My apologies for being offline the the past three weeks, but I was back in the States for Chinese New Year to see family and friends, as well as take care of some work over there and just returned to Asia this past Monday where I’ve been busy working and setting up my new home in Hong Kong.  So it’s fitting that I am sitting at my beloved Starbucks in the Garden City Mall in Shenzhen about an hour or so before I am due to move out of my room here and bring all of my worldly possessions to Hong Kong, meaning all four suitcases-worth.

Heading home for any extended period of time and then returning to China means that I have some room to process all that’s happened during the time I’ve been here, as well as answer questions from family and friends about what they might have seen or heard about China in the news.  The two topics dominating any conversations I had about China were either the stock market and economy or the continued crackdown on political and civil liberties, including the ongoing case of the missing Hong Kong booksellers.

Having some space from China, I still feel that this is a country heading in the wrong direction at the moment.  It’s not that it can’t or won’t turn itself around, but almost daily there is another news headline that makes me shake my head and wonder what’s really going on here.  The latest was President Xi’s visit to the country’s major news and media organizations in China explicitly telling them to act as a mouthpiece for the party.  This new policy is another attempt to exert greater control over another aspect of Chinese society that has the potential to create social instability.  However, like many previous moves, this one smacks of insecurity and coming at a time when there are questions around China’s ability to manage its economy, it’s clear this is another attempt to mask potential problems that may exist in the system.  If these problems somehow were brought to light, there is a real fear that people would not be happy and social unrest could erupt.  Definitely not a move of a leader in control of his country.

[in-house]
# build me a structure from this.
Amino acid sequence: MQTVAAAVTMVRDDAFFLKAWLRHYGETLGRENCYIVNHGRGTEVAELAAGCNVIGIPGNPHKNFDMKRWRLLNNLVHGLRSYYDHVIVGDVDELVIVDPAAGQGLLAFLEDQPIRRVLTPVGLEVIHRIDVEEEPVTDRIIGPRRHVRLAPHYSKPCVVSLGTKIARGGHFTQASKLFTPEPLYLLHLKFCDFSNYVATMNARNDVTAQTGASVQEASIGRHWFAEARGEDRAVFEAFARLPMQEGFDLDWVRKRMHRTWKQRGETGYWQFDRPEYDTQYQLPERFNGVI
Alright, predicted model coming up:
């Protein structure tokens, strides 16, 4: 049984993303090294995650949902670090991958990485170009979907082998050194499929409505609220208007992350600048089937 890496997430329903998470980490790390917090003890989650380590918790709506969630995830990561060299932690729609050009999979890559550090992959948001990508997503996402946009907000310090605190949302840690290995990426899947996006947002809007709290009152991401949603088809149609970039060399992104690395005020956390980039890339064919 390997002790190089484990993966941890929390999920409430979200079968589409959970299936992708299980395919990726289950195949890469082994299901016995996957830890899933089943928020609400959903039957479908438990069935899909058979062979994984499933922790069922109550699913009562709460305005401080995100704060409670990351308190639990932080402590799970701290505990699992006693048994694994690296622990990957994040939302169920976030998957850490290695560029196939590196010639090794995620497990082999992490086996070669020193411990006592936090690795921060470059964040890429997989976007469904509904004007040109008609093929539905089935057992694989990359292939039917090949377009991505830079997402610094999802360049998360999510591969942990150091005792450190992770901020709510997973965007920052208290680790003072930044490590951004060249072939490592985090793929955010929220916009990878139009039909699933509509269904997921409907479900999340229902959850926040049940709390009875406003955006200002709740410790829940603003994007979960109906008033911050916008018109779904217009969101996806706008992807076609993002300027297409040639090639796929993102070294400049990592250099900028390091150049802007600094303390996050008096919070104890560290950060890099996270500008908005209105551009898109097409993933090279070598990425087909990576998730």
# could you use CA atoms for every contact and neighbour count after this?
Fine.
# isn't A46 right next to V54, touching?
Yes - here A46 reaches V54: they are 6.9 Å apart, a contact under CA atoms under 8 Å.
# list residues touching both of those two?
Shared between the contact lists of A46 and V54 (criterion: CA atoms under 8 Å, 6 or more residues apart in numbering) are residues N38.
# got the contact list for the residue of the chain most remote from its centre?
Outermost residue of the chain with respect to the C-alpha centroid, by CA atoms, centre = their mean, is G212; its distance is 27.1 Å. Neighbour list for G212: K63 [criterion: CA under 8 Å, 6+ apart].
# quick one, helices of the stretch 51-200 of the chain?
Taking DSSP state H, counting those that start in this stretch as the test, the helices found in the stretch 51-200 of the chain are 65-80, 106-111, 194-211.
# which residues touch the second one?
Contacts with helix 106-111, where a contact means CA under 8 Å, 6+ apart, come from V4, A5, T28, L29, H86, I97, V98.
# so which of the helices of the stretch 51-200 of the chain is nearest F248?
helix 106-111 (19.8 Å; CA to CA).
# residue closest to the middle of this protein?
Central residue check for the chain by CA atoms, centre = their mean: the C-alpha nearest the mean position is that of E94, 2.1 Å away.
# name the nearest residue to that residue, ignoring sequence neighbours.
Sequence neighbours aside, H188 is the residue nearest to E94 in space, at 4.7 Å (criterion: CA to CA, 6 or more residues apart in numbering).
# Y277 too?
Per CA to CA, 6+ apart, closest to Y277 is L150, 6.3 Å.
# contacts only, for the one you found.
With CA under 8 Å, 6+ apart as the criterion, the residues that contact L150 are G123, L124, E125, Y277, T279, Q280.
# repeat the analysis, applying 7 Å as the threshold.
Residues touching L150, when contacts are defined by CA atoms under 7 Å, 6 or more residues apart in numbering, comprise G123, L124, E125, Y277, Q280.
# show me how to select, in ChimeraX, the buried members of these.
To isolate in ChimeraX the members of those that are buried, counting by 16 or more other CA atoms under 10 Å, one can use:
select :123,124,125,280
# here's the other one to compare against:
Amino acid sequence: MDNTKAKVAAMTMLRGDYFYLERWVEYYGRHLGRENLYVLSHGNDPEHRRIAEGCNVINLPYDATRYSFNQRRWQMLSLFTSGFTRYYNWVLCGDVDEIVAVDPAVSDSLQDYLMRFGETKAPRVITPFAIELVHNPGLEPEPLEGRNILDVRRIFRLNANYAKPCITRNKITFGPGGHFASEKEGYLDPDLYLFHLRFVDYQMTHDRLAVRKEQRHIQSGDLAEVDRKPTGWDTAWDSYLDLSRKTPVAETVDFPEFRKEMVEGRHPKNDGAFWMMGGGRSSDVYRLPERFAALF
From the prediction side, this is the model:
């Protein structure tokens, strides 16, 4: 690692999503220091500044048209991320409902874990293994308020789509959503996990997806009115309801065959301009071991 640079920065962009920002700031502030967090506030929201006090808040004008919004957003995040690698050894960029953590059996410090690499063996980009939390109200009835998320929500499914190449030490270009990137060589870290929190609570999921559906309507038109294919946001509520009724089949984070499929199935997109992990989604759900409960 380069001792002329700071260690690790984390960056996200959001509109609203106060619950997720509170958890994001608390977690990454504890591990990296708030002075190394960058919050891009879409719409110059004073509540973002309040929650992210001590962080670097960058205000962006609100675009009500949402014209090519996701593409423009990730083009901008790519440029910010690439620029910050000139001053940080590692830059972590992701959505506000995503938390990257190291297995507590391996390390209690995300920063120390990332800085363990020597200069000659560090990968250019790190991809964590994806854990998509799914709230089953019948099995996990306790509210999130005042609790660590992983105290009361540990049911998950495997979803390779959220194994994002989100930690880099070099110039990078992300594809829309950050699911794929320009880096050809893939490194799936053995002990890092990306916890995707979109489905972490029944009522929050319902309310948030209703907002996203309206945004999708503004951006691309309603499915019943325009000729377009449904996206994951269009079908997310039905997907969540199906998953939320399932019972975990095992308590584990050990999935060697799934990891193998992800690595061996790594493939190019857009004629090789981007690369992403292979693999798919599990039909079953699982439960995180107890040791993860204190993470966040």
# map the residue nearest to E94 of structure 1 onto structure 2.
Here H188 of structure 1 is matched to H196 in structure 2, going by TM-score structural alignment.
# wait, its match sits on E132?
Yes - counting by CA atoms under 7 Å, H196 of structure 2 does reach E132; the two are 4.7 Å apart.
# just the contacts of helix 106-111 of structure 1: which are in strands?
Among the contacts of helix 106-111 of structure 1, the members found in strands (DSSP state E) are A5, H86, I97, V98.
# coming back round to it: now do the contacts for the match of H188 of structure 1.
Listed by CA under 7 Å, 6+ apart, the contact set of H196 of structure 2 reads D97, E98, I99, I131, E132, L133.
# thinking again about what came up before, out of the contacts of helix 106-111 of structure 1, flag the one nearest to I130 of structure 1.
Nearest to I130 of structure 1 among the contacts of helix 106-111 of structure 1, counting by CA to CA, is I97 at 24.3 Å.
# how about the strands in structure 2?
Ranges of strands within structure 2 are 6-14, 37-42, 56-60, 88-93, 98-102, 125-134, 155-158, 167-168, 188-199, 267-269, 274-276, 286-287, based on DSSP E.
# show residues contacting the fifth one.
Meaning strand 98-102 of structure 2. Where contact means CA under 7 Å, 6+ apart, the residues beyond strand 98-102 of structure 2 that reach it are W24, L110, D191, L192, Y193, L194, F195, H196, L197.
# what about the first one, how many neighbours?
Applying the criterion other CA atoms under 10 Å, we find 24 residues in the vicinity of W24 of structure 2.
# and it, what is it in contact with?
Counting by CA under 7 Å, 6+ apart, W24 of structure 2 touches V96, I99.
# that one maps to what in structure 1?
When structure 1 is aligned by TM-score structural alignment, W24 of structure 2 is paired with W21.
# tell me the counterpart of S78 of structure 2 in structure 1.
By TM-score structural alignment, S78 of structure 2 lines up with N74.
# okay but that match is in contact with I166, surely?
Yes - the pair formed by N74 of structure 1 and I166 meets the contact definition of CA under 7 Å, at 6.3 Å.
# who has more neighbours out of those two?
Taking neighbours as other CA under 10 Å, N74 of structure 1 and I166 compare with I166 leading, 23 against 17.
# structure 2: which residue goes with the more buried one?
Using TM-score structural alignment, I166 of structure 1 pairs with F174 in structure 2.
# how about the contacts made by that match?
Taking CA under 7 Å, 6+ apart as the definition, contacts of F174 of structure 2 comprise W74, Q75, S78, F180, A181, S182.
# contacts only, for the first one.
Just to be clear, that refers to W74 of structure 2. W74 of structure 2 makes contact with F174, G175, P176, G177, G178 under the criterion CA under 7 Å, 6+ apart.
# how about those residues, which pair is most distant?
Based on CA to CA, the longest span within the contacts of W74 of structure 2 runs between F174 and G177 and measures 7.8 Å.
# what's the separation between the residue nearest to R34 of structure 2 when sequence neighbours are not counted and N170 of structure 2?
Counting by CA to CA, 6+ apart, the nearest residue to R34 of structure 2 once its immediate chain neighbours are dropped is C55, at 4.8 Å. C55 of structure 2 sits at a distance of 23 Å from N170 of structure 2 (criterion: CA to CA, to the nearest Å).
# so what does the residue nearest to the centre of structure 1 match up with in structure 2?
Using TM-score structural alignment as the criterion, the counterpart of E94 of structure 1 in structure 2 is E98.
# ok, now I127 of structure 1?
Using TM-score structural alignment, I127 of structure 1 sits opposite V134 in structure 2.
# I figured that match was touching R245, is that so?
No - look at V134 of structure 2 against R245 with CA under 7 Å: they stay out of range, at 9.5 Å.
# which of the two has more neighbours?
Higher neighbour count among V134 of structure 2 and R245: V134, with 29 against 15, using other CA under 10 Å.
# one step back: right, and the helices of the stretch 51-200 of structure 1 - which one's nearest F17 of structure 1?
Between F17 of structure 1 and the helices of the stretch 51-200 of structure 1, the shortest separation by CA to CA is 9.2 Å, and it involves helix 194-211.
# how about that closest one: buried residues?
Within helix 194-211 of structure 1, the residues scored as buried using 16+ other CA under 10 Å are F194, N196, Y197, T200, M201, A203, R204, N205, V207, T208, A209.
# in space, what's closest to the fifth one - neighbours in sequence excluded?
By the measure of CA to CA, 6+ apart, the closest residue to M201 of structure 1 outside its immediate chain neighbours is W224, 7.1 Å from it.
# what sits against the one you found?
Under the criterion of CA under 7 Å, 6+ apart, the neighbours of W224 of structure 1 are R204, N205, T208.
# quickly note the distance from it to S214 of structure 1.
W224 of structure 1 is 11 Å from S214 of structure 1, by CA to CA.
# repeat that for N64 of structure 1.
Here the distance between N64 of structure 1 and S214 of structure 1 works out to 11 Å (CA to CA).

Beyond that, I have been thinking more about Hong Kong, Shenzhen, and other cities that see themselves as other in the context of Greater China.  Hong Kong is probably the most salient example of this trend in light of protests over the years against certain actions taken or policies put forth by the mainland.  The largest of recent memory being the Umbrella Revolution in the fall of 2014 triggered by Beijing shifting the goalposts on universal suffrage for Hong Kong’s Chief Executive.  The alleged kidnapping of the booksellers has only added accelerated this feeling of “other-ness” that seems to run deep among Hong Kongers.  However, more interesting and something that only really hit me this morning as I was being driven around Shenzhen in an area known as the Hi-Tech Park where some of Chinas biggest tech companies have their offices including Tencent, ZTE, and DJI. I saw all these twenty-something tech workers running to work and the scene could have just as easily been one from Silicon Valley.  Shenzhen is a city trying to build its future on technology and finance as it firmly sheds its industrial past.  More interesting is the fact that very few people in Shenzhen are actually from Shenzhen, so the city does not have to hew closely to a long-established culture.  Many people (mainly foreigners visiting or living here, including myself at times) bemoan the lack of a deep-rooted culture.  But my riding partner that morning who has lived here for quite some time even though she is not from here framed this lack of a deep-rooted culture in a positive way that I had not considered before.  She claimed that this lack of culture meant that the city was building something new from the ground up, which made Shenzhen much more open than any other Chinese city that is hemmed in by its past.  You can see it in all the new skyscrapers, shiny shopping malls, and tech companies pushing the Chinese innovation storyline.  But I had not thought about it in terms of what it means for a city and its outlook, as well as its place in the national narrative.  The conversation was sparked by my question about whether Shenzhen was different than other parts of China and upon receiving an emphatic “yes”, I followed up and was presented with this theory.  If Shenzhen can perhaps be added to the “other” category because of its short history, lack of a strong local culture, and welcoming people from all over China with easy access to Hong Kong, I wonder what this means for the future of the city and more importantly, China as perhaps other cities begin to see themselves as different than the rest of the country, which would be a rather backhanded way of unravelling the social cohesion that President Xi working so hard to maintain.  Something to be explored further in another post, but wanted to get it out there because it’s something I feel like I am going to be thinking about for quite some time.  But now I must finish packing and make my way back to Hong Kong.